Finally, it’s worth being on the lookout for melanoma, particularly if you’re at high risk. A melanoma begins life looking like a harmless mole. However, a few red flags suggest the possibility of a problem. If you notice any of the signs below (known as the "ABCDE rule”), see your doctor and get checked. If you catch a melanoma developing in your skin before it goes too deep, the chance of successful treatment is high.
If you have a large number of moles on your skin, it’s important to keep track of your collection. That way you’ll notice when a new mole appears or an existing one changes. Your doctor can help by taking yearly pictures.
So far, you’ve focused on the epidermis, which is the mostly dead, top layer of your skin. Under the epidermis is a thicker second layer of skin with a whole lot more going on. This layer is called the dermis.
The dermis shapes and supports your skin with tough connective tissue that uses strong, flexible fibers made of collagen and elastin. These fibers make your skin stretchable and resilient so you don’t tear a hole in your armpit when you reach for a box of macaroni on the top shelf. These fibers also keep your skin toned and wrinkle-free through the first half of your life, after which they start to loosen and unravel.
Underneath the dermis is a layer of tissue that isn’t part of your skin. Known as the hypodermis, it binds your skin to your body and stores the sorry globs of fat that you’ll consider in the next chapter.
Unlike the epidermis, which is constantly dying off and renewing itself, your dermis is yours for life. A dense network of blood vessels supplies your dermis with essential nutrients. If you have an open cut, immune cells in the dermis fight infectious evildoers that try to creep in (a process you’ll learn about in Chapter 9).
Tattoo machines work by puncturing the skin thousands of times and inserting small globules of ink. The reason that tattoo ink doesn’t wash off or flake away is because it’s not in the epidermis—instead, it sits near the top of your permanent dermis layer. However, the fine detail in a tattoo will fade with time, because the ink droplets drift slightly.
The dermis is also home to many more important bits of body hardware. For example, every square inch of skin has thousands of buried nerve endings that react to different types of sensations, including cold, heat, pain, and pressure. The dermis also holds oil glands, sweat glands, and hair follicles—three key players you’ll learn about in the rest of this chapter. But first, it’s time to consider what happens as your skin ages, loosens, and gives way to wrinkles.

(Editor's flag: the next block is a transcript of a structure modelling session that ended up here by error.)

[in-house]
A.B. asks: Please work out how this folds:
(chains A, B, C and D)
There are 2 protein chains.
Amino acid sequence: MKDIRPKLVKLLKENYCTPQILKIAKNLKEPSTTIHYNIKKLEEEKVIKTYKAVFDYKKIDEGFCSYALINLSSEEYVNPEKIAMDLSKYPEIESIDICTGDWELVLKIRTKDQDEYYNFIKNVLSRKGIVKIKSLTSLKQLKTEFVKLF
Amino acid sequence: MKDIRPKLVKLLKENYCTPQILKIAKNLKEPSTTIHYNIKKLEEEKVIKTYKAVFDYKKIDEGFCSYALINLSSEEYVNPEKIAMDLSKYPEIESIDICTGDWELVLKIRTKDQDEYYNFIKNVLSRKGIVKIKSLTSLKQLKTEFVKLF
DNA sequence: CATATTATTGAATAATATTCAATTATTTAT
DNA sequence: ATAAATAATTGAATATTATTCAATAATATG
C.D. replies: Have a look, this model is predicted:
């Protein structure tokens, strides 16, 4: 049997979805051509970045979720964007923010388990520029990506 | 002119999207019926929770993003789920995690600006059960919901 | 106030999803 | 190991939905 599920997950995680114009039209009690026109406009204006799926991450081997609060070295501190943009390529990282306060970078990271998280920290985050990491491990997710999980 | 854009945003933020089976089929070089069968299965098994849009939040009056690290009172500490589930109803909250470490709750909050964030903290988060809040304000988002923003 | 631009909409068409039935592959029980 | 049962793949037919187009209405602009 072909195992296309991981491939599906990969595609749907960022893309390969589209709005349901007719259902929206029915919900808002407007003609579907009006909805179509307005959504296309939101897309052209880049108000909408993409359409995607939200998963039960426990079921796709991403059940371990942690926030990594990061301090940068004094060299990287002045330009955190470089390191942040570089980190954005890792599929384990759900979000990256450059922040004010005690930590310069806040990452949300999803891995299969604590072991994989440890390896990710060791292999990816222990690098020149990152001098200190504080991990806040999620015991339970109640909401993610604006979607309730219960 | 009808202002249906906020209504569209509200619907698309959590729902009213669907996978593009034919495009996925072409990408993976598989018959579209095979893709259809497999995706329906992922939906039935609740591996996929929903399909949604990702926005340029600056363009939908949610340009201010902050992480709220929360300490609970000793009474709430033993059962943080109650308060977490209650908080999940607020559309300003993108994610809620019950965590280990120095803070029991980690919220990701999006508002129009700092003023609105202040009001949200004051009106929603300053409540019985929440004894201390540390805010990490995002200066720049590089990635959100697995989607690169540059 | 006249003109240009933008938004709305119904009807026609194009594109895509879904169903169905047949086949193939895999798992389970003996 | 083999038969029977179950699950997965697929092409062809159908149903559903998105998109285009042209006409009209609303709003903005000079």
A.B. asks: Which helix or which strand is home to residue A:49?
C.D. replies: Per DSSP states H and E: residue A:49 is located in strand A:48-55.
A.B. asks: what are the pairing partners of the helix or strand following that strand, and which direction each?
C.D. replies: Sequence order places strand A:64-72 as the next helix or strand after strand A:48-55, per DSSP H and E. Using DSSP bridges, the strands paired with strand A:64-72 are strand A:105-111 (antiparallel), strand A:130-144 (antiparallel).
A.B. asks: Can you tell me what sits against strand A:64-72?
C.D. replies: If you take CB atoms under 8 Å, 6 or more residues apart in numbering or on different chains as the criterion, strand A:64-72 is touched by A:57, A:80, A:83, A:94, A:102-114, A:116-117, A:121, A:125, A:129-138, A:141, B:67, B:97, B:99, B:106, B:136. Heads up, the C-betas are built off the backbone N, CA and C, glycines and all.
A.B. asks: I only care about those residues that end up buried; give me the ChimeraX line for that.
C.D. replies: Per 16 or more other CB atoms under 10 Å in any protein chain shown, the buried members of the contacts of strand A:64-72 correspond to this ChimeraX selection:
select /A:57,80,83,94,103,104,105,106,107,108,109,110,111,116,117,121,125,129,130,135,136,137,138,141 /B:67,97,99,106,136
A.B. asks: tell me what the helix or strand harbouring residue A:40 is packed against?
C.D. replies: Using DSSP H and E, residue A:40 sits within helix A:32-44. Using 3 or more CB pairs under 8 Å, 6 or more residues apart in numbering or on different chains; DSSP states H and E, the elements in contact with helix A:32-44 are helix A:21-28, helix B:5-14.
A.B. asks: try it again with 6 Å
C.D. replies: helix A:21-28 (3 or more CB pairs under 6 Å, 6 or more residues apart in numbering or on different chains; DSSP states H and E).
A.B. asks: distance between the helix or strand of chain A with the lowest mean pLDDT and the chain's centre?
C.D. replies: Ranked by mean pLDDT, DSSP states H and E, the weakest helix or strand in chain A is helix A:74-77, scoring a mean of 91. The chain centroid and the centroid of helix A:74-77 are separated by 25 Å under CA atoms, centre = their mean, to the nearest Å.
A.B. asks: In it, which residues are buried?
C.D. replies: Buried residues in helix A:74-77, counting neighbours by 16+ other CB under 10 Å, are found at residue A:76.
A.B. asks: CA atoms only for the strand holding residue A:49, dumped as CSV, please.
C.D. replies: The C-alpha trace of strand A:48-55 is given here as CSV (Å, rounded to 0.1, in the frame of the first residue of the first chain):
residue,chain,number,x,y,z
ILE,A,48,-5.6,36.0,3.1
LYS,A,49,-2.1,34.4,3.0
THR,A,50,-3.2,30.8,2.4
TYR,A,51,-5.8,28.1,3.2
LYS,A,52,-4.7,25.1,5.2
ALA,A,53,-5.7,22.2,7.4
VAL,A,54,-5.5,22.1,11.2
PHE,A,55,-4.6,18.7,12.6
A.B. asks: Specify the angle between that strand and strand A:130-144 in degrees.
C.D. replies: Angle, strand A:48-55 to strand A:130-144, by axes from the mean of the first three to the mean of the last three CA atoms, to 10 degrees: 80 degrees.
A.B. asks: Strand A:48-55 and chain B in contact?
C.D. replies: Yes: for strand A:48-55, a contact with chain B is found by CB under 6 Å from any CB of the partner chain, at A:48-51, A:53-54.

As you age, the style of your skin changes. You start with a tight-fitting sports jacket, and you wind up with something closer to a pair of baggy pajamas. This transition is quite traumatic for many people, as our culture considers it deeply embarrassing for one’s body to betray any sign that it’s a day over 18. If given the choice to look wise and experienced or young and nubile, most of us would choose the baby face every time.
Many factors work together to cause midlife wrinkles and the pruniness of old age. As the years tick by, the collagen and elastin fibers in your dermis—those components that make your skin flexible and resilient—begin to break down, loosening their hold on your skin. Unfortunately, there’s not much you can do to intervene. But if you must try, here are a few wrinkle-avoiding strategies:
Choose the right parents. Your genes have the greatest say in deciding how elastic your skin is, and how long it stays relatively smooth and unwrinkled. That’s why some people in their sixties look like they’re in their thirties, much to the chagrin of everyone around them. If you want a quick prediction of how your skin will fare over the next few decades, look at your parents. And if this leaves you too depressed to continue through the rest of this chapter, consider the possibility that you were adopted from a passing circus.
Don’t use your face. Many of the deeper grooves in your face are usage lines that mark where your skin folds when you scowl, smile, frown, or look utterly confused. To reduce the rate at which these wrinkles form, stop expressing any of these emotions. Or just accept the fact that wrinkles add character to your face.
A variation of this wrinkle-avoiding technique is Botox injections, which paralyze the face muscles using a highly toxic nerve agent. (It’s the same substance that causes death by paralysis in improperly canned foods.) A Botoxed face temporarily loses some of its ability to move, and a face that can’t move has a hard time furrowing up a decent wrinkle. What you get is a sort of blander, wax museum version of your face. If you prefer being wrinkle-free to being able to move your forehead, Botox just might be your ticket.
Don’t smoke. Cigarette smoke damages skin, causing it to wrinkle prematurely. This probably happens because cigarette smoke reduces blood flow to your skin, starving it of important nutrients. And while quitting the habit may improve your lungs, it won’t repair skin that’s already sagging.